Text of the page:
The R function to download, compile, test and install a new package into a library, is install.packages()  It has many optional features, but most often you will only need to specify the package name(s), where to get them from (the repository) and perhaps where to install them to.  The default destination is the first directory in the library path (see above) which is writable.  If you do not have a personal R library yet, install.packages() will prompt if it should create one.  A package specifies what other packages it depends on, and a list of all the missing dependencies is created, and then they are downloaded and installed in the appropriate order.  A complex package may have many dependencies, resulting in a long download and build cycle.  install.packages() may also complain that some pre-existing packages are out of date, and offer to upgrade them.  The prompting only happens if you are running R interactively.  You can install packages with a single shell command, using Rscript, but in that case there is no prompting and some updates may be skipped, or it will fail to create a personal library.  Another very useful option to speed things up is Ncpus=N where N is the number of CPUs that you want the installation process to use.


$ R
R version 4.1.2 (2021-11-01) -- "Bird Hippie"
Copyright (C) 2021 The R Foundation for Statistical Computing
Platform: x86_64-pc-linux-gnu (64-bit)

   (rest of startup messages omitted)

> install.packages("ggraph", repos="", Ncpus=4)
Installing package into '/dartfs-hpc/rc/home/a/d31314a/R/x86_64-pc-linux-gnu-library/4.1'
(as 'lib' is unspecified)
trying URL ''
Content type 'application/x-gzip' length 3217051 bytes (3.1 MB)
downloaded 3.1 MB

* installing *source* package 'ggraph' ...
** package 'ggraph' successfully unpacked and MD5 sums checked
** using staged installation
** libs

  (compilation and installation messages omitted)


or as a single command: 

Rscript -e 'install.packages("ggraph", repos="", Ncpus=4)'

(similar output omitted)

Example of installing into an explicitly named library.  The directory must exist and be writable.  Prerequisite packages found elsewhere in the library path will not be reinstalled, so beware of prerequisites satisfied by a personal library, while trying to set up a shared lab library.

Rscript -e 'install.packages("ggraph", repos="", lib="/dartfs-hpc/rc/lab/R/RCStaff/shared/R/4.1" )'

Checking what packages are installed

Use command installed.packages() to list all packages that are available in each library listed in your .libPaths().  The output includes version, what library it came from, dependencies, and licensing information.

Use command sessionInfo() to show what packages have actually been loaded in this R session, versions and where they were loaded from, plus other information


Maintaining package libraries is the performed with the update.packages() function.  Required arguments are the path to the library you wish to update, and a repository, as for install.packages().  All packages in the library are compared to the latest versions in the repository and updated as needed.  You must have write access to the library directory, and no R sessions can be using it at the time.  For a library in shared NFS space, it isn't clear if R can tell when others are using it.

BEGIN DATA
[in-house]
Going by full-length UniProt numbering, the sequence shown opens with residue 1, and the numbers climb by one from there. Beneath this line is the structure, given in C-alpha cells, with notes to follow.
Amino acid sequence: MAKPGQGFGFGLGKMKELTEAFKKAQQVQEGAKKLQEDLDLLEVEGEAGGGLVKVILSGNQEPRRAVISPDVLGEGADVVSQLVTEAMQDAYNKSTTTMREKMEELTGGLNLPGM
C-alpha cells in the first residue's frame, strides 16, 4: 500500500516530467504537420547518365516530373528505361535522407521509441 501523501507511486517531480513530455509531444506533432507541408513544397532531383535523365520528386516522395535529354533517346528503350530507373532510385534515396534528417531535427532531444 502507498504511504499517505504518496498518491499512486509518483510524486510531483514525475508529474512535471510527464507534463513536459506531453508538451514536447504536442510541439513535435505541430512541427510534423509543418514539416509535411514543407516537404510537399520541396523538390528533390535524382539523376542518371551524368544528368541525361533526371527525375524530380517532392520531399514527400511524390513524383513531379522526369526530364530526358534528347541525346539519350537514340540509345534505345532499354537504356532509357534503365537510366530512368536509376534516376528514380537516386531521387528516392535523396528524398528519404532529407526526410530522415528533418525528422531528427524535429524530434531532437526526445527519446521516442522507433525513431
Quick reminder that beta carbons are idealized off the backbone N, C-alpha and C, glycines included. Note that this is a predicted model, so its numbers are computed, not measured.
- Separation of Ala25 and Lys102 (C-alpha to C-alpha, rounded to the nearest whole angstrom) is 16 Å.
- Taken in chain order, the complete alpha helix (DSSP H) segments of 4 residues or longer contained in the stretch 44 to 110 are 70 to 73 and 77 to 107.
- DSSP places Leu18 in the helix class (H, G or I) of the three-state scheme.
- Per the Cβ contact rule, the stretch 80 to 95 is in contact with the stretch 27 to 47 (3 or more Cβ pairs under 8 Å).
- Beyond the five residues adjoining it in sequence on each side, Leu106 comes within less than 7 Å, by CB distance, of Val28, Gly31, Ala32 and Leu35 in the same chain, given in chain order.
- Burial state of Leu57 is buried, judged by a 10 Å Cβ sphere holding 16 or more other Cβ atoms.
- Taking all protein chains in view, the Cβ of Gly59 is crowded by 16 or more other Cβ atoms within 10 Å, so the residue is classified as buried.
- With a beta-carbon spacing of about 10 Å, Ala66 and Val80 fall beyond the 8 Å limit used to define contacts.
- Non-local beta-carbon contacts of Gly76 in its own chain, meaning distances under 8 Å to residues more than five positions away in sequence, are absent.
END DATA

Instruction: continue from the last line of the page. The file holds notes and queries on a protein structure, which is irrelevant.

> update.packages("/dartfs-hpc/rc/lab/R/RCStaff/shared/R/3.6", ask=FALSE, repos="")

The parameter "ask=FALSE" will tell R that you want to update all eligible packages in the named library.  Without that, R will prompt you for every package. 

To update just a single package, reinstall it using install.packages().  This will update it if needed.

Bioconductor and other repositories

Another major repository is Bioconductor, aimed at bioinformatics and data scientists.  Packages may also be downloaded from other collections, or individual git repositories (e.g. hosted on github).  If the installation instructions for a package tell you to install from Bioconductor, you must first installl the BiocManager package from CRAN, and then use the custom installer provided by that, to install packages from Bioconductor.

e.g., to install "rtracklayer" from Bioconductor

install.packages("BiocManager", repos="")

 Other code sources use a package devtools from CRAN (which has many prerequisites of its own).  This has an installer for github repositories

e.g. to install package "leidenbase" from a github repository named cole-trapnell-lab:

install.packages("devtools", repos="")

Special Considerations

Always read the installation instructions written by the developer of the package you are trying to install.  Sometimes there are known dependency errors, requiring you to manually install some packages before you attempt to install the primary target package.   System libraries (normally installed as Red Hat RPMs or equivalent) can not be installed by R, and an install may fail because of a missing library or header file, but the error message should give a hint about what needs to be installed.  If this is something supported by the Linux distribution, we may be able to add it.

There may also be a requirement for non-standard system libraries.  If the special software has been installed and made available as a module, it must be loaded before you try to build an R package which depends on it.  E.g. some R packages need the GDAL software, which can be made available by running module load gdal

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Article ID: 141373
Sat 2/12/22 3:55 PM
Mon 5/20/24 5:56 PM